Soups (usually pureed with a dash of cream for richness)
Risengrød (rice porridge with butter and sugar, often served at Christmas time)
Fried, baked, or grilled white fish
Sausage (sometimes filled with cheese, sometimes wrapped in bacon)
Snacks and dessert
There is very little snacking in Denmark. However, tea or coffee and a small amount of sweets (pastries, chocolate, gummies, or salty licorice) are often served in the evening, an hour or more after dinner has ended.
Thanks for spending a day eating with me in Denmark! What do you think your favorite meal would be in Denmark?
A couple of weekends ago, I took my first ever, entirely alone trip: three days in Venice over Easter weekend. Nervous at first to be completely on my own, I arrived feeling slightly on edge and uncomfortable. But having done my research and knowing exactly how to get from the airport to the actual island of Venezia, I arrived safely and with no problems. And I knew almost immediately that the weekend would be a success, because as I stepped off that shuttle bus, something new and unknown hit me square in face, reminding me that everything would be alright….
Let me just explain that last statement in saying that for the last four months, Paris has been damp and grey almost every day. Not as if I’m complaining about being in Paris, but human beings, we need sunlight. We’re like plants. We die without sun.
Not only was it sunny, but on top of that, I was surrounded by the sea. That’s another thing I didn’t realize I missed so much; in Manhattan, we are an island, completely surrounded by sea, and I think there is something profound, something centering and deeply human about being near the water. Seeing that Paris is completely landlocked in the center of France, and the only water we get is that of the Seine (believe me, you DON’T want to touch that), I guess I had been missing my big, wide-open expanses of sea that I had taken for granted back home.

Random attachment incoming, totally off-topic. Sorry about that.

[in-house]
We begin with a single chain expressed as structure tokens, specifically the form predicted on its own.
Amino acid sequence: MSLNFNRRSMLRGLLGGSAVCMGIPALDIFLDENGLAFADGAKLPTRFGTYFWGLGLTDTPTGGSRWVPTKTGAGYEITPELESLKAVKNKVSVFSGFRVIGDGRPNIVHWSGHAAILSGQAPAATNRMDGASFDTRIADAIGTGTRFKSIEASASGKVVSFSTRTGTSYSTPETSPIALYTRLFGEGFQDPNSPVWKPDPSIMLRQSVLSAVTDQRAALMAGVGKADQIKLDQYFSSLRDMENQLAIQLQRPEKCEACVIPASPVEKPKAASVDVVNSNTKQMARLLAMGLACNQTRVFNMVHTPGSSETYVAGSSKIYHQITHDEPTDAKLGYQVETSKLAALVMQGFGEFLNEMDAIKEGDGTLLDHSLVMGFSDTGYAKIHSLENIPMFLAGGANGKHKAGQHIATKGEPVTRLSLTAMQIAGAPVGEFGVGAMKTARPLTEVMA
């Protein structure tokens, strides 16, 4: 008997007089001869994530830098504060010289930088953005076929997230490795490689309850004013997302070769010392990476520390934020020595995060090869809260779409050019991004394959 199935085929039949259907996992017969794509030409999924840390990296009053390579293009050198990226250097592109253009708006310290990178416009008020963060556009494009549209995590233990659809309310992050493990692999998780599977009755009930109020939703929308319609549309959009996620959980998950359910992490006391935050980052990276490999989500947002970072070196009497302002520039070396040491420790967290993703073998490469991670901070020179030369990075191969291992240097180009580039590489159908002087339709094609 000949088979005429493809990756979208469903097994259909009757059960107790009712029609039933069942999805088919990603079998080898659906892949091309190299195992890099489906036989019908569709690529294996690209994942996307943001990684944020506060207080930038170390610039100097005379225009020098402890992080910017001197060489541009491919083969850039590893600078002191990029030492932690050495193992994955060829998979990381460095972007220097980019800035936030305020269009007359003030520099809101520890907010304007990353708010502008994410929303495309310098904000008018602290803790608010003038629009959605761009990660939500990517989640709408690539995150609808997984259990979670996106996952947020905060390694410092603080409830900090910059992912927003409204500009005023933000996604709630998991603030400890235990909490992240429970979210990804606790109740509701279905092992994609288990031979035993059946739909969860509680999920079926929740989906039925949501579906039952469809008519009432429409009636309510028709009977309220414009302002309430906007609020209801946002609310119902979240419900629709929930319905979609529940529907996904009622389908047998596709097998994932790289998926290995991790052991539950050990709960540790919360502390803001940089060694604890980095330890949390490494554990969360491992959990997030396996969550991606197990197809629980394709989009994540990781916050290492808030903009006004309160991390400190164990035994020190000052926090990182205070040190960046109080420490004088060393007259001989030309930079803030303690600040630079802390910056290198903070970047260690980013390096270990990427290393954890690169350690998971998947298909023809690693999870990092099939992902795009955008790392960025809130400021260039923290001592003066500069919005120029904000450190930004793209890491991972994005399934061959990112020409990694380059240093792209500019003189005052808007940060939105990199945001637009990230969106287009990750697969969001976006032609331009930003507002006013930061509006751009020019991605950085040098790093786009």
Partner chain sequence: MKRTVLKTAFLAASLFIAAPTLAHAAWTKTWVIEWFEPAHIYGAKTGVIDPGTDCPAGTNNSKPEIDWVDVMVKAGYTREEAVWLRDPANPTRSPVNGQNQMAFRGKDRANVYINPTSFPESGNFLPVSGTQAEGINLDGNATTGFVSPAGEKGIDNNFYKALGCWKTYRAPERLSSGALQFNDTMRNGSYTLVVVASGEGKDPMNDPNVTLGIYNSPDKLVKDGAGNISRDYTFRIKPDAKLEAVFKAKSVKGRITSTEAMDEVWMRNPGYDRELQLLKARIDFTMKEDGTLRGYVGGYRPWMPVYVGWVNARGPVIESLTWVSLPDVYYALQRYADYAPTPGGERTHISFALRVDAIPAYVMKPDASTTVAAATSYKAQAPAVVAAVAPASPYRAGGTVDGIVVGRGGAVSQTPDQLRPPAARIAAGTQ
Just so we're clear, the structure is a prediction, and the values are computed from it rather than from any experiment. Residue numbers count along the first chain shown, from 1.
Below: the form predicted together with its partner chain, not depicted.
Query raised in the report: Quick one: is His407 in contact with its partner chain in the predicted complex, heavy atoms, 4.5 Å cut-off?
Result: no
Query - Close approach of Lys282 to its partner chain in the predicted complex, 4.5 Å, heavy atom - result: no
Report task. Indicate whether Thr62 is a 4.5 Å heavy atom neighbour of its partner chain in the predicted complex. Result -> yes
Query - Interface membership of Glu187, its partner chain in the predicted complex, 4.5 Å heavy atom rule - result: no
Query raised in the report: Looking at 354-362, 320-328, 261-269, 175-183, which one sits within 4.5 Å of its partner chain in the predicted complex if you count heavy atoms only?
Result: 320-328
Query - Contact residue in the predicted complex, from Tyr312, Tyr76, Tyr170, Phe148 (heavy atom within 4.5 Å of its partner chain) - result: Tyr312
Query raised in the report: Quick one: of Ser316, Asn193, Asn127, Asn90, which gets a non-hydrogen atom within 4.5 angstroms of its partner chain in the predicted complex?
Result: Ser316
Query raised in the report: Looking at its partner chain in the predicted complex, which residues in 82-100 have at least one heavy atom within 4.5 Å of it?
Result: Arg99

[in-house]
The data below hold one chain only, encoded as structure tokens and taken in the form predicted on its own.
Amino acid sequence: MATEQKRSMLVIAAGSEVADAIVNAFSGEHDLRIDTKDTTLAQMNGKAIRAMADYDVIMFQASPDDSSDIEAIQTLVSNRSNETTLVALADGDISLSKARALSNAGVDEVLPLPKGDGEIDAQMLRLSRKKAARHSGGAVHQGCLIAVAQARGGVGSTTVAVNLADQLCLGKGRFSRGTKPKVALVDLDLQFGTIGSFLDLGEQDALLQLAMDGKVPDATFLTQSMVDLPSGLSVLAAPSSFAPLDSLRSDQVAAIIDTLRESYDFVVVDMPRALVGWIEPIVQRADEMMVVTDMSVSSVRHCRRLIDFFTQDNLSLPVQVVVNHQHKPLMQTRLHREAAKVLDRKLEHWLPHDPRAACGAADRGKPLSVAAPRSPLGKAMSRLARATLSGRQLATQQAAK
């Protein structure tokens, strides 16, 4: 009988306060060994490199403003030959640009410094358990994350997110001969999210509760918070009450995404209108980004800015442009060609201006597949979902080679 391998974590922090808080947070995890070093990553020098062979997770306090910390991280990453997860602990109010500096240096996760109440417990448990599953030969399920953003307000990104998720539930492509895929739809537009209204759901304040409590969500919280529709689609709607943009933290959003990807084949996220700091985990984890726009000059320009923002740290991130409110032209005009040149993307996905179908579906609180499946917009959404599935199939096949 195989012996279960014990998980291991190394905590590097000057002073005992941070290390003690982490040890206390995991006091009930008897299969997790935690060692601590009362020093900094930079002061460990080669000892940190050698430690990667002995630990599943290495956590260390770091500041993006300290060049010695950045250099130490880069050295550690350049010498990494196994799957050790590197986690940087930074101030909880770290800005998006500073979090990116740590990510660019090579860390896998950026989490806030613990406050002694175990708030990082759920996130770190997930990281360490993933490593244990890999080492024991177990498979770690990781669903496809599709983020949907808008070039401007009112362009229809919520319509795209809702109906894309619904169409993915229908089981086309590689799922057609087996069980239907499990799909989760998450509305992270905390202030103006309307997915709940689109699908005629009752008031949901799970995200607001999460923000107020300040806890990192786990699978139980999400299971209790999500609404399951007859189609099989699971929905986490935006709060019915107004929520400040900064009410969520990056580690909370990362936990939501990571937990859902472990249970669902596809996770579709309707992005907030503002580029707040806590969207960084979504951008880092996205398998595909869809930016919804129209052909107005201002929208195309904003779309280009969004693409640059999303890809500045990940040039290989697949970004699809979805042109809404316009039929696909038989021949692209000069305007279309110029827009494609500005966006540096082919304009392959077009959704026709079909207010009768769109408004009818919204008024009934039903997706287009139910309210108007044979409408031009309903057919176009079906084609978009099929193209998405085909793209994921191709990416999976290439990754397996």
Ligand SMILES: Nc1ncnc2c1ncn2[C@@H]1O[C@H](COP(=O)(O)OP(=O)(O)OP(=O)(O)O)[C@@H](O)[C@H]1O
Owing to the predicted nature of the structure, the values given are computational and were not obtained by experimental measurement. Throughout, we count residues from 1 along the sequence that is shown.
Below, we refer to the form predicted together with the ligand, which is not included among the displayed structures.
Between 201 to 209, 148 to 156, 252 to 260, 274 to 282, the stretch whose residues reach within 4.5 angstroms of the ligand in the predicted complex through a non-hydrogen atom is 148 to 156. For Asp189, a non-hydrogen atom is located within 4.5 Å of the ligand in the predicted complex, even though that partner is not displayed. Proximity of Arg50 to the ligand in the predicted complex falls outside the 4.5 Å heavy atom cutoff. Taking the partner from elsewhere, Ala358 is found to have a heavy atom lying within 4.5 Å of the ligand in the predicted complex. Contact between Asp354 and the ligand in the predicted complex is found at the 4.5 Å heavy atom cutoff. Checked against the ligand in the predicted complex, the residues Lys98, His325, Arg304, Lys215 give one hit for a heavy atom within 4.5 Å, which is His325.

So first thing I did: buy a vaparetto pass, sit in the front seat of the boat way up at the tip and ride out into the bay of San Marco.
Second thing I did: lunch.
A friend had told me before I left that I should go to “Trattoria Alla Madonna” near the Rialto Bridge, and that if there, I MUST get the squid-ink pasta. Although I wasn’t planning on going right off the bat on my first day in Venice and I had no clue where the place even was in the first place, I stumbled across the restaurant and figured that like the sun and the ocean, Venice had made my lunch decision for me.
The squid-ink pasta I ate in Venice was the best thing I ate the entire weekend. It was daunting, even for me who eats everything, to slurp down black squid-ink, I was surprised at the freshness of something that so resembled the color and texture of tar. Nonetheless, the sauce tasted like the sea (a flavor that oyster and urchin fans understand), but also had a deep earthy richness. It tasted like foie gras of the sea. Needless to say, the pasta was also cooked to perfection.